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Six Ex-Justices Criticize Florida GOP on Anti-Retention Push

The Republican Party of Florida’s recent statement opposing retention of three state Supreme Court justices undermines the purpose of merit selection of judges, which is to remove partisan politics from the courts, six former Florida justices say.

In a Miami Herald op-ed, the six call the Florida GOP’s action an “unprecedented attempt to politicize the judiciary” and remove justices over one, or a few, decisions. The authors are former Justices Harry Lee Anstead; Raoul G. Cantero; Arthur J. England Jr.; Stephen H. Grimes; Major B. Harding; and Ben F. Overton. They explain:

“The entire point of a fair and impartial judiciary is that its decisions will not be influenced by outside forces such as campaign donations or political pressure. In the past, even party leaders who disagreed with a court’s decision understood the vital importance of a fair and impartial judiciary.

“The RPOF’s recent unprecedented attempt to politicize the judiciary — and to remove three Supreme Court justices based only on disagreement with one (or even a few) decisions — undermines the purpose of the merit selection and retention process, which is precisely to remove partisan politics from the judiciary. As former justices of the Florida Supreme Court, we hope that such partisan actions will not succeed in depriving Florida citizens of the fair and unbiased judges that our merit system is intended to provide.”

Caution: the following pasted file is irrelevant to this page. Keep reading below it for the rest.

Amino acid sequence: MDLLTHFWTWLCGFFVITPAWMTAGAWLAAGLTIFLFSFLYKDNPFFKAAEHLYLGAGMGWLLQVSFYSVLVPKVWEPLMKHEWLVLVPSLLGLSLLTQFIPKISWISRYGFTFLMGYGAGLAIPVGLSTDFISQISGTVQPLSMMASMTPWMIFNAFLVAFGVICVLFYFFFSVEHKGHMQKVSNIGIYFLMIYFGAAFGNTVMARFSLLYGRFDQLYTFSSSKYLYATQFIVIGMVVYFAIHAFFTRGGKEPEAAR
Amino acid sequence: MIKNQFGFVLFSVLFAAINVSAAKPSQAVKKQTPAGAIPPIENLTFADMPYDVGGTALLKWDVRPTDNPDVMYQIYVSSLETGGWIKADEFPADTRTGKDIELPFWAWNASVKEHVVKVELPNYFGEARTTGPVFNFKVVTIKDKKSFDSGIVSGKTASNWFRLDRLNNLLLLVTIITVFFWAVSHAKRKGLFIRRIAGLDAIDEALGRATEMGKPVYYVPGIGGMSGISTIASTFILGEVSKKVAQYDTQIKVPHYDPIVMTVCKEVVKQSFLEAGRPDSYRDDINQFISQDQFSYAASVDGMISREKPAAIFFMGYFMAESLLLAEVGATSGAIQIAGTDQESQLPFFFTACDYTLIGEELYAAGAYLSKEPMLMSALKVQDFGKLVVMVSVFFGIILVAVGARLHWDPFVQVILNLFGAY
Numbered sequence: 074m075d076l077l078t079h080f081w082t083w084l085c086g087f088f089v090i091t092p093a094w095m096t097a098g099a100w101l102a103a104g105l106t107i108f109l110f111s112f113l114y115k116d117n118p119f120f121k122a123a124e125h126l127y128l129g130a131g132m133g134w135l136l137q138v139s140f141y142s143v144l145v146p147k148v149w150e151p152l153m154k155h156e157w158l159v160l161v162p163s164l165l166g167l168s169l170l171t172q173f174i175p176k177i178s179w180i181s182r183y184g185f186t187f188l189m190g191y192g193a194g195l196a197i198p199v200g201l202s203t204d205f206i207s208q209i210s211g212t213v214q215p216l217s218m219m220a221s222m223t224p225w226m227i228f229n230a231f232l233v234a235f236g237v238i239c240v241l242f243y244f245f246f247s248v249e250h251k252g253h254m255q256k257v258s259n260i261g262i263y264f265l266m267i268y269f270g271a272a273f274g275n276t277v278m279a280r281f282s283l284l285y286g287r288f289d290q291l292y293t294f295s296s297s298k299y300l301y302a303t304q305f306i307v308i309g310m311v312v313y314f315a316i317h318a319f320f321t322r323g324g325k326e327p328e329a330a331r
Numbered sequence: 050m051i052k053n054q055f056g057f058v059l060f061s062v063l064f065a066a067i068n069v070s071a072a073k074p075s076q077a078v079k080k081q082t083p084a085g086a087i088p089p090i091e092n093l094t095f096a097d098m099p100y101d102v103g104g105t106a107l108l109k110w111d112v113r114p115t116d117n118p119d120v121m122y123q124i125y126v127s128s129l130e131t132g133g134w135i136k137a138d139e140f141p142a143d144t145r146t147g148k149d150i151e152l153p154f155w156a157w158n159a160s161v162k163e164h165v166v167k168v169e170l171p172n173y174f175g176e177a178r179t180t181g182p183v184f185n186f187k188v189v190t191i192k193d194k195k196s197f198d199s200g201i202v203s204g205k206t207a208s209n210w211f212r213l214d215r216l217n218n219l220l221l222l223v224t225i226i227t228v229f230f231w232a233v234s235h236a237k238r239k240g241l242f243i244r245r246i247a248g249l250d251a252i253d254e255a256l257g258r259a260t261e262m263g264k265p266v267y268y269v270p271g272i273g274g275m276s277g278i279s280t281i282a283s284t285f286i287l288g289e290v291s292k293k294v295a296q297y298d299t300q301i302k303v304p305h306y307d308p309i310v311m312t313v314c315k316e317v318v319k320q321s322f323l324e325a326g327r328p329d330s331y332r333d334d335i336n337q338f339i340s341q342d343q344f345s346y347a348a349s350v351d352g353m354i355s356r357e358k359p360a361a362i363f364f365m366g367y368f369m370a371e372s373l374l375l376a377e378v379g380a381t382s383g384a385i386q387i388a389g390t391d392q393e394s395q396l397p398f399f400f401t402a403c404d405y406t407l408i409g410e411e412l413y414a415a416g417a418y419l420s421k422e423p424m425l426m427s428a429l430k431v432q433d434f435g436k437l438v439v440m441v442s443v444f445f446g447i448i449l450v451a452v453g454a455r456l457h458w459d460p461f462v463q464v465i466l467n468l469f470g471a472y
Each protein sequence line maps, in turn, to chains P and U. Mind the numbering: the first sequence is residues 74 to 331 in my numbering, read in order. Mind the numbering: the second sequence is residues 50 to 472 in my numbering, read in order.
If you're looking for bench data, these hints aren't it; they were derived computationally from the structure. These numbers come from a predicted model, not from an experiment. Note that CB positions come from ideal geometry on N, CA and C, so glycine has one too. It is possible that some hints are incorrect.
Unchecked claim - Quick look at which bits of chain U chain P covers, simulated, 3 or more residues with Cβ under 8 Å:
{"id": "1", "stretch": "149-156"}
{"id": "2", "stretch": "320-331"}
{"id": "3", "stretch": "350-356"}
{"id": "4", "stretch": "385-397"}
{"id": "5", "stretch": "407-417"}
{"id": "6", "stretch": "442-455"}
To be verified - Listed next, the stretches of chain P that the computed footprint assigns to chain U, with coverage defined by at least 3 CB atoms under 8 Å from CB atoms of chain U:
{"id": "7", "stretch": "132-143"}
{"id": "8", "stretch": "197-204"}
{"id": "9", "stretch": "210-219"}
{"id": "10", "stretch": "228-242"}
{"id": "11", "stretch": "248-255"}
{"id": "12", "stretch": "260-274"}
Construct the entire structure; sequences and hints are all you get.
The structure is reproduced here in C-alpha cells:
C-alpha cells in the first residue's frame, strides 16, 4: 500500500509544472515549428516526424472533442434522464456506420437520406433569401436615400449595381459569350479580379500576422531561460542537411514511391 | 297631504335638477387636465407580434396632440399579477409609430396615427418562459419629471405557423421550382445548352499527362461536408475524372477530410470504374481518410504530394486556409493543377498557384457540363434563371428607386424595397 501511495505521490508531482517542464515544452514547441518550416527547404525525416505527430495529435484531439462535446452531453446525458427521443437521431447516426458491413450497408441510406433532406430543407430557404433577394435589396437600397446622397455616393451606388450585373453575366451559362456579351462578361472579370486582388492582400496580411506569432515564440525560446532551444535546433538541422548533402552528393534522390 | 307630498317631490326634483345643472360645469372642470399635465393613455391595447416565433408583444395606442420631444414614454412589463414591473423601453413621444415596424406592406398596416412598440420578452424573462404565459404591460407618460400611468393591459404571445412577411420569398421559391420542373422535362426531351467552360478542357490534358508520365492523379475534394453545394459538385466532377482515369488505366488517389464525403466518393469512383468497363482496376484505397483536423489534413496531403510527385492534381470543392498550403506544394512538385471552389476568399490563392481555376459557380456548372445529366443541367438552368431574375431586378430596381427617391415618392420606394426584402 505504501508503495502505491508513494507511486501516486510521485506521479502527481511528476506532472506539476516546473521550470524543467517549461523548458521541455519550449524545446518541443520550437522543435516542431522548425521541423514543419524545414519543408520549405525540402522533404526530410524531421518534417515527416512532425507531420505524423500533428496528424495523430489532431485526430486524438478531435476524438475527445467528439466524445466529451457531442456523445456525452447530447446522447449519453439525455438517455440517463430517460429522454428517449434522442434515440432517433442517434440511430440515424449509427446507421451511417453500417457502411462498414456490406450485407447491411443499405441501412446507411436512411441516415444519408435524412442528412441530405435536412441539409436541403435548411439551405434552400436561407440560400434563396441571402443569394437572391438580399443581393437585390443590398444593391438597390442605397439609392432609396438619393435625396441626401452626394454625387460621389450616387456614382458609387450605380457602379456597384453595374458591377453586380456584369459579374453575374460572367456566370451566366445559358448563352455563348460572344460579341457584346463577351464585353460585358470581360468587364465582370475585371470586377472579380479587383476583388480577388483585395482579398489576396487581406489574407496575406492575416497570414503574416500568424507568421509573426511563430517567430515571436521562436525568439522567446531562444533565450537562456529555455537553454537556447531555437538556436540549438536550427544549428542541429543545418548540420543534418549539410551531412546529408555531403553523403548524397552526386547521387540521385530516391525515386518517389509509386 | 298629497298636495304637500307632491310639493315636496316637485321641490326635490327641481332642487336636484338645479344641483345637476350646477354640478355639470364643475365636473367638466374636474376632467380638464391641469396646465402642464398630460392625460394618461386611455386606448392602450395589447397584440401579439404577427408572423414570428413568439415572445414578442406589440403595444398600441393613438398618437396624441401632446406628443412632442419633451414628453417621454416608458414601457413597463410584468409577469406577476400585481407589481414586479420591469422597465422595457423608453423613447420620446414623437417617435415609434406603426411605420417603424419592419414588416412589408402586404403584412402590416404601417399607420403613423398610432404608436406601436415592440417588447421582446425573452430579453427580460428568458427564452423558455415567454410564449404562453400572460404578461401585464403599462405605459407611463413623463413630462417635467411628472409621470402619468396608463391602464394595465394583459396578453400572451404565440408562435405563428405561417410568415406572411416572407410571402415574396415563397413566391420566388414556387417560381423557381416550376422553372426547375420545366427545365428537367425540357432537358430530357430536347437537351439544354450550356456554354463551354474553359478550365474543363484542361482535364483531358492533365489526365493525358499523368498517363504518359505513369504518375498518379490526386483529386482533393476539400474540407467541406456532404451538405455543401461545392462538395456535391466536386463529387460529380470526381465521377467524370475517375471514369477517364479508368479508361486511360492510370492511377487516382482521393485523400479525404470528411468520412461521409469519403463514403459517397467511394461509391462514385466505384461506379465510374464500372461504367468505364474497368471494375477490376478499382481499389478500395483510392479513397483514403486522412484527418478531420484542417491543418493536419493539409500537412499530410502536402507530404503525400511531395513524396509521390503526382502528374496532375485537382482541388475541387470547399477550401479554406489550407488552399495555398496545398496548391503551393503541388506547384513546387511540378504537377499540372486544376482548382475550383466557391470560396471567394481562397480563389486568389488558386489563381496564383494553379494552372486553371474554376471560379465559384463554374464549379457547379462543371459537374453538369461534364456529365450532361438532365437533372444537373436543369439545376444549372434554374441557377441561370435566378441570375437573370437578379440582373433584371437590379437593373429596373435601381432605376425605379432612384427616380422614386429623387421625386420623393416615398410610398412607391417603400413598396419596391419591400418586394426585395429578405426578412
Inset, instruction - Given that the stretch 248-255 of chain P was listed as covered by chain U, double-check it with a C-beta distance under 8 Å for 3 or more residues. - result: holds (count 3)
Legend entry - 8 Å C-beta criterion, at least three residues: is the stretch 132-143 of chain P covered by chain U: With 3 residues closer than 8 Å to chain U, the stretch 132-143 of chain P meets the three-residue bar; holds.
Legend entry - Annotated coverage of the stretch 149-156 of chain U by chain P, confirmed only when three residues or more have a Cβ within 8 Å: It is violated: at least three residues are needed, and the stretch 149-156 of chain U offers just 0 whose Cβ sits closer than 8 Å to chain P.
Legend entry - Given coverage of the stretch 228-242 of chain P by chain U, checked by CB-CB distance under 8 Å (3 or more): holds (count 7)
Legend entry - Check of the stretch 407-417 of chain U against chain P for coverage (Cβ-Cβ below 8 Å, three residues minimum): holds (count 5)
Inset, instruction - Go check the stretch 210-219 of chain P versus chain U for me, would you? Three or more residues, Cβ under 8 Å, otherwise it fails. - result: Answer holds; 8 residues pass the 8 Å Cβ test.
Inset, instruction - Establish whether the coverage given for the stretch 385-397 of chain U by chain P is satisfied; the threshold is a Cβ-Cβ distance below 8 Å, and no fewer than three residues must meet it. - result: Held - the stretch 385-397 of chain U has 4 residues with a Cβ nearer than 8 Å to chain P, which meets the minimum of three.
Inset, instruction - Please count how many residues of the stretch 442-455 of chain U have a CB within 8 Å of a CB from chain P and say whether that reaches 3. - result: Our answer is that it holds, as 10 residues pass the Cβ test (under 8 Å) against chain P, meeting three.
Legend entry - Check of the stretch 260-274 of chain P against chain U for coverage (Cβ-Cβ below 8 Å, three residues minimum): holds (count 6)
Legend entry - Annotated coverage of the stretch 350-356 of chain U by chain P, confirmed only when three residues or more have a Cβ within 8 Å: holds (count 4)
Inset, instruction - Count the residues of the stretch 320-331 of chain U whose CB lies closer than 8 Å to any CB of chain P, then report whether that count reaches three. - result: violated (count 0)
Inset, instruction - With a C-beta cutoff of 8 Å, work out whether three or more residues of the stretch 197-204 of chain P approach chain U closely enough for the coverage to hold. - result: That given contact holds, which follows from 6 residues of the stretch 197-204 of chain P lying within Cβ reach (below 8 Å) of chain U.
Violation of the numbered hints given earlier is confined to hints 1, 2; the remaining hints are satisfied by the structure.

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Retention Election a Front-Burner Topic in Florida

The debate over a judicial ouster drive in Florida is continuing to sizzle, although the retention election for three state Supreme Court justices is still weeks away:

  • “GOP should butt out of high-court decision,” warned an Orlando Sentinel editorial, addressing the Republican Party of Florida’s recent call to oust the three justices with whom it disagrees (see Gavel Grab).
  • “[I]t’s pure politics,” a Tallahassee Democrat editorial said about the ouster push, as it urged a vote for keeping the three judges on the bench.
  • “[Departing House Speaker Dean] Cannon lashes out at GOP critics and Florida bar in merit retention fight,” the Miami Herald reported. Cannon, a Republican, was sharply critical of the court and unsuccessfully pushed a legislative plan to overhaul the state’s highest court.
  • “Floridians should be scared to death,” former  Florida GOP Chairman Jim Greer cautioned, according to another Miami Herald article. The Republican Party, he said,  ”has no business interfering or attempting to manipulate the makeup of the Florida Supreme Court or the state’s judiciary.”
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Illinois: What Role Should Judges Play in Pension Cases?